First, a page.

Never-before-seen images of the Sun’s surface captured by a European Space Agency probe

Never-before-seen images of the Sun’s surface captured by a European Space Agency probe
Never-before-seen images of the Sun’s surface captured by a European Space Agency probe

In a video published this Thursday, we observe eruptions, which can rise to a height of around 10,000km, and plasma showers on the surface of the star of our solar system.

Unpublished images. The European Space Agency published this Thursday, April 2, images from the Solar Orbiter probe, which studies our Sun more closely. A video reveals a close-up of a small part of the Sun’s surface, showing the transition between its lower atmosphere and its molten outer corona.

In the images, the brightest regions have a temperature of around 1,000,000°C, while the colder materials, and therefore the darkest because they absorb radiation, drop below 10,000°C.

Many movements

In these images recorded on September 27, 2023, we can see delicate shapes like grass or hair, called “coronal foam”, which are formed from plasma.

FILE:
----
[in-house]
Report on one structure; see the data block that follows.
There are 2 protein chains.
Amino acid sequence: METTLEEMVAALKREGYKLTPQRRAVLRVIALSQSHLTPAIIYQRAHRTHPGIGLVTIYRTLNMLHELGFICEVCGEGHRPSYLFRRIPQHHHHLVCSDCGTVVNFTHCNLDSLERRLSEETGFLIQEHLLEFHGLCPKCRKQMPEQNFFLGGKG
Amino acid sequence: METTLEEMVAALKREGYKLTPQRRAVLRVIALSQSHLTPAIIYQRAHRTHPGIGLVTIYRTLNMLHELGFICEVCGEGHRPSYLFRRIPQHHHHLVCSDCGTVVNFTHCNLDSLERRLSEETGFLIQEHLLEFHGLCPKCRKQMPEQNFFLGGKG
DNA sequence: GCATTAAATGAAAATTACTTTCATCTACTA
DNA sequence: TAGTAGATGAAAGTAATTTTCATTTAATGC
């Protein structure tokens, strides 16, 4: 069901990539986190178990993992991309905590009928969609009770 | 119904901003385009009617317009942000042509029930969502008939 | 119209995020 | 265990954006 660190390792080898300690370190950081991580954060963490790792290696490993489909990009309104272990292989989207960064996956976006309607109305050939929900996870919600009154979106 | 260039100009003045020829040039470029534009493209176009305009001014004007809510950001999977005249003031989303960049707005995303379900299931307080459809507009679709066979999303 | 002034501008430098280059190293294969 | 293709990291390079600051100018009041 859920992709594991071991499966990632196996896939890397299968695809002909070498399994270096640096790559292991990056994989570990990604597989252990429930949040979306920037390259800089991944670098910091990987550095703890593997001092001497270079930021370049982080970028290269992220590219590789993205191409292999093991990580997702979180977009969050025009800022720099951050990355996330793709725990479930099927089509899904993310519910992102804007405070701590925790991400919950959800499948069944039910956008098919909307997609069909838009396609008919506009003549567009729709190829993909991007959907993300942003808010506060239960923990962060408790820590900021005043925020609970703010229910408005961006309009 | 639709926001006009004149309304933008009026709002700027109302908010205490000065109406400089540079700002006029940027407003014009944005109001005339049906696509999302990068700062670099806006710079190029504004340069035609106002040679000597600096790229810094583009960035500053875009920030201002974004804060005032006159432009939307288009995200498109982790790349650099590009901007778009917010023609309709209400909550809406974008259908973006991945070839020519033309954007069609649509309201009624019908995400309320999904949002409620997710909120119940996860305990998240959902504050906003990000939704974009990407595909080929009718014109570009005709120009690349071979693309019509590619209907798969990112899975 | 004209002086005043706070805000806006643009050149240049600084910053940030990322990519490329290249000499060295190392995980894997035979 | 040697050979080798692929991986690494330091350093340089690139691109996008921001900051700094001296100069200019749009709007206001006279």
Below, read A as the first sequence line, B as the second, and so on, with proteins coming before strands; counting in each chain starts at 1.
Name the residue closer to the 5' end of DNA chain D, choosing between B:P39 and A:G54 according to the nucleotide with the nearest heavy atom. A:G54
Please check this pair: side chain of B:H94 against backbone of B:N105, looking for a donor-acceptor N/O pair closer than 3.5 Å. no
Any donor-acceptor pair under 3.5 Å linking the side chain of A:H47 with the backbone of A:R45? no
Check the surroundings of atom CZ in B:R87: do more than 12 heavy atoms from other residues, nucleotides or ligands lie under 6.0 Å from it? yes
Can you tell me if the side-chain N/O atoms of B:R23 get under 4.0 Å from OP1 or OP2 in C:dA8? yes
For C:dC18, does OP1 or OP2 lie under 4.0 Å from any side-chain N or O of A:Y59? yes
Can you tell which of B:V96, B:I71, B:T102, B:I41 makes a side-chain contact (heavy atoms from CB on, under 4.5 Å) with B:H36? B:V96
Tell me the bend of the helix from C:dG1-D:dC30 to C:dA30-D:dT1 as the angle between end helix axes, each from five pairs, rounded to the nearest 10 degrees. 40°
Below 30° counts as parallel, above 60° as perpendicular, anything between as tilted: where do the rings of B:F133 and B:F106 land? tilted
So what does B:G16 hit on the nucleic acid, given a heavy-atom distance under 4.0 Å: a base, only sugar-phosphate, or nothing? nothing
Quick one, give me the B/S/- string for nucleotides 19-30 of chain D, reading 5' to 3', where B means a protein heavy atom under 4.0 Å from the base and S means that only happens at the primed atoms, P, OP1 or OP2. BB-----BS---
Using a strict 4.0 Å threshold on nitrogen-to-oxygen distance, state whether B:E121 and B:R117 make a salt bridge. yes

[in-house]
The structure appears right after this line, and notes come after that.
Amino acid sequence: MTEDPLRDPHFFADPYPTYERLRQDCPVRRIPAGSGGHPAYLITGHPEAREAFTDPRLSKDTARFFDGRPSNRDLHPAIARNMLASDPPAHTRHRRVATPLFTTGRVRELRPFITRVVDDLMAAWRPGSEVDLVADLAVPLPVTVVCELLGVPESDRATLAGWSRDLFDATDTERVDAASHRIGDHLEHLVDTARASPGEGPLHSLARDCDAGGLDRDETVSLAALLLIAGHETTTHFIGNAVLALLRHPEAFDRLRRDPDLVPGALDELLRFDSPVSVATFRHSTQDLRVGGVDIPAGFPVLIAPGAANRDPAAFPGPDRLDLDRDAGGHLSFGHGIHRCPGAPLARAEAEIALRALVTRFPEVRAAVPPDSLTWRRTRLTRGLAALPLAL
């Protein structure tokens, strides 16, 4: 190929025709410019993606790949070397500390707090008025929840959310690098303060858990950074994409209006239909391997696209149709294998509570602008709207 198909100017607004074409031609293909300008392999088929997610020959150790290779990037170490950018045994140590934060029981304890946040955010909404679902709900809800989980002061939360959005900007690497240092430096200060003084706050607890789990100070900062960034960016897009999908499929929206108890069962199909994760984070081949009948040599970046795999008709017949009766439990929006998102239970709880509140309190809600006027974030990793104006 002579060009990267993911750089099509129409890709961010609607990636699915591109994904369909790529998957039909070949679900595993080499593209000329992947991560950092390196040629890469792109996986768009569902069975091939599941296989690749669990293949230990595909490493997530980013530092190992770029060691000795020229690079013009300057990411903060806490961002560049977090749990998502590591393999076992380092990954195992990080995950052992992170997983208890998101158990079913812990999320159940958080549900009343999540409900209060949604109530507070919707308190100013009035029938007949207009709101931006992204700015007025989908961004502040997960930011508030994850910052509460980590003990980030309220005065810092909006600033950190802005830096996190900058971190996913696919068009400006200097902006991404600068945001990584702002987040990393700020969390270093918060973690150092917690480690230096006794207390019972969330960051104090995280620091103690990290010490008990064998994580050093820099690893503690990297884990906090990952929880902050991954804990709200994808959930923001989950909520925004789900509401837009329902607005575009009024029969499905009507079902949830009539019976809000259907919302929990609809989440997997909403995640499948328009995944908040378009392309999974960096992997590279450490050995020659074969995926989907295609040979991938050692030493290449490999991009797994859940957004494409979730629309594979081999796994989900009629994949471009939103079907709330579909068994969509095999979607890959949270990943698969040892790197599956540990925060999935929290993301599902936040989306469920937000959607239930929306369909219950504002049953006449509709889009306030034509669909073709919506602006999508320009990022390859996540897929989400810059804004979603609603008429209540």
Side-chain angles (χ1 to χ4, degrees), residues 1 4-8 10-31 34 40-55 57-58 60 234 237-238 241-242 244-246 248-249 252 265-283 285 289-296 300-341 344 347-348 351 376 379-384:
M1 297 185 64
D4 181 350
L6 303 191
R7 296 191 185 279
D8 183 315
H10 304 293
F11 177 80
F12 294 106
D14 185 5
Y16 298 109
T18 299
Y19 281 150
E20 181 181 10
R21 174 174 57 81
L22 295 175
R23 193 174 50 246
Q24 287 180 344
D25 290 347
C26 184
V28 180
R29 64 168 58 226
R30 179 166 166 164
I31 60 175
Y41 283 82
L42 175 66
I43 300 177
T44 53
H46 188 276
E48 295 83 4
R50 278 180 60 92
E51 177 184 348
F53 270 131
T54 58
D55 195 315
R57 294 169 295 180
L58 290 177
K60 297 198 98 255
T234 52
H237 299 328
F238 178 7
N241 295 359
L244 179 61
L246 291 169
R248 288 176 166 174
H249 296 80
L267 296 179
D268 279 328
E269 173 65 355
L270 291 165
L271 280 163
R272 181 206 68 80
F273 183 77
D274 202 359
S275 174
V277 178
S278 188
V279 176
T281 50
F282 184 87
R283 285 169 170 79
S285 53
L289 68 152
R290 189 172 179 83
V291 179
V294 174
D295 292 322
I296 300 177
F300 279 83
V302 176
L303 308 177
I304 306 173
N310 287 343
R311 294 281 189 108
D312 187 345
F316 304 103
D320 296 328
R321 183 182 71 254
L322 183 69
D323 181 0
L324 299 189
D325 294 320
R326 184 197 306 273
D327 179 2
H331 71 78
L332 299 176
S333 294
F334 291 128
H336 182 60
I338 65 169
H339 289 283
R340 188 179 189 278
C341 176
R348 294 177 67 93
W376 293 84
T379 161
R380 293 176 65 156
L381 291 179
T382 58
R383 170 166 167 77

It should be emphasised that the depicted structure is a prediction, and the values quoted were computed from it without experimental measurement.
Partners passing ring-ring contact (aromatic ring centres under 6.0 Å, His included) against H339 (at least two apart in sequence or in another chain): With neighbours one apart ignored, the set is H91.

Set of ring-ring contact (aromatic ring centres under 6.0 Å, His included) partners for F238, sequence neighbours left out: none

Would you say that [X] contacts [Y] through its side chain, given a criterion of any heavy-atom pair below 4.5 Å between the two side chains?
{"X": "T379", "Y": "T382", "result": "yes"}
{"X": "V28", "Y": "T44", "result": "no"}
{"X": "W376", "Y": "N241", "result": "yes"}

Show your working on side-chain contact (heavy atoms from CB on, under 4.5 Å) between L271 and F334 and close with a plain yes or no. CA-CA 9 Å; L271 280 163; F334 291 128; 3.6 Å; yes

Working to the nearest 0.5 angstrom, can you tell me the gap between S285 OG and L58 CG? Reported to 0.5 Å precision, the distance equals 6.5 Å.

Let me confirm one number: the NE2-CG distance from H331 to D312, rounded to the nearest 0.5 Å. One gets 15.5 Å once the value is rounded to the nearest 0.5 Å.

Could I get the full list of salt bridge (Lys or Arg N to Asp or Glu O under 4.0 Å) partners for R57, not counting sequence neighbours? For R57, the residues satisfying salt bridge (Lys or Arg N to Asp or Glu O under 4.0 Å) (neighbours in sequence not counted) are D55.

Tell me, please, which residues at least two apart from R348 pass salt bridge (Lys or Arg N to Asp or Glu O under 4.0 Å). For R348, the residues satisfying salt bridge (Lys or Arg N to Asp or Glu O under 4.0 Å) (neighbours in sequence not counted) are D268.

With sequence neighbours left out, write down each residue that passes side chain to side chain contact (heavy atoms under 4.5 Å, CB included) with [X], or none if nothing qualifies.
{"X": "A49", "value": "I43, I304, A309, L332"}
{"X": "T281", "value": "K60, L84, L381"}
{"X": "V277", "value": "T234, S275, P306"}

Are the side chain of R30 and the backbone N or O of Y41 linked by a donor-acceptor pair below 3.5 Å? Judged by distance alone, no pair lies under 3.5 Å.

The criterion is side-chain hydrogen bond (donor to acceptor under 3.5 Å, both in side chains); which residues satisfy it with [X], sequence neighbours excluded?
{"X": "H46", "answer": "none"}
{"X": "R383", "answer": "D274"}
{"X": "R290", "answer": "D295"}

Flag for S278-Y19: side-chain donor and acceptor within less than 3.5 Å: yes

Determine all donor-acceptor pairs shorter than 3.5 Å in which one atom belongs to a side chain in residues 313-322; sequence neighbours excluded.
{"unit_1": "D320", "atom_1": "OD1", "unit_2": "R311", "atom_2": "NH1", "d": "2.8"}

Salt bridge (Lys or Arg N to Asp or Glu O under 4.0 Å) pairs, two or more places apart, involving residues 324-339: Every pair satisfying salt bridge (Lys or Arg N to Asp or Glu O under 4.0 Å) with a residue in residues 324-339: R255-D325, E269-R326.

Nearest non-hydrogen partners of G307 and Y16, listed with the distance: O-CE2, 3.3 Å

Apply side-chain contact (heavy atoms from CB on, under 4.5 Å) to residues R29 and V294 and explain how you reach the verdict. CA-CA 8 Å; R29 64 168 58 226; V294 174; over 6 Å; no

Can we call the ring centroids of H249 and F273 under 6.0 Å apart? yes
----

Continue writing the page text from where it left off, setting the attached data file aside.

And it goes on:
On the horizon, spiers of gas, called spicules, rise from the Sun’s chromosphere. Although they appear small in the image, they can rise to a height of around 10,000 km. In the center of the video, a small rash is visible.

The images also reveal the “coronal rain” which, at less than 10,000 °C, appears dark compared to the bright background of the large coronal loops (which are at around 1,000,000 °C). Rain is made up of high-density plasma clusters that fall toward the Sun under the effect of gravity.

The probe will explore the poles of the Sun

Scientists say observations of the complex dynamics of the Sun’s surface could help understand why the star’s atmosphere is much hotter than its surface, a long-standing paradox in solar physics.

Indeed, as the European Space Agency notes, one might expect the corona to be cooler, because the sun’s energy comes from its core, and things naturally get colder as they get colder. away from a heat Source. One explanation is that miniature eruptions, called “campfires”, pump energy into the atmosphere and thus cause the corona to heat up.

“These campfires that Orbiter first observed are constantly burning. It’s a matter of determining how much energy they produce and whether it’s enough to heat the atmosphere in the way we’re seeing,” explains to the Guardian Dr David Long, physicist at the University of Dublin.

The Solar Orbiter probe mission was launched in 2020 and will begin next year to observe the Sun’s north and south poles, which are so far unexplored.

Most read

-

-

PREV Will the “Recall” app turn your PC into a time machine or a super-spy?
NEXT Jérôme Monceaux, founder and president of Enchanted Tools – 05/23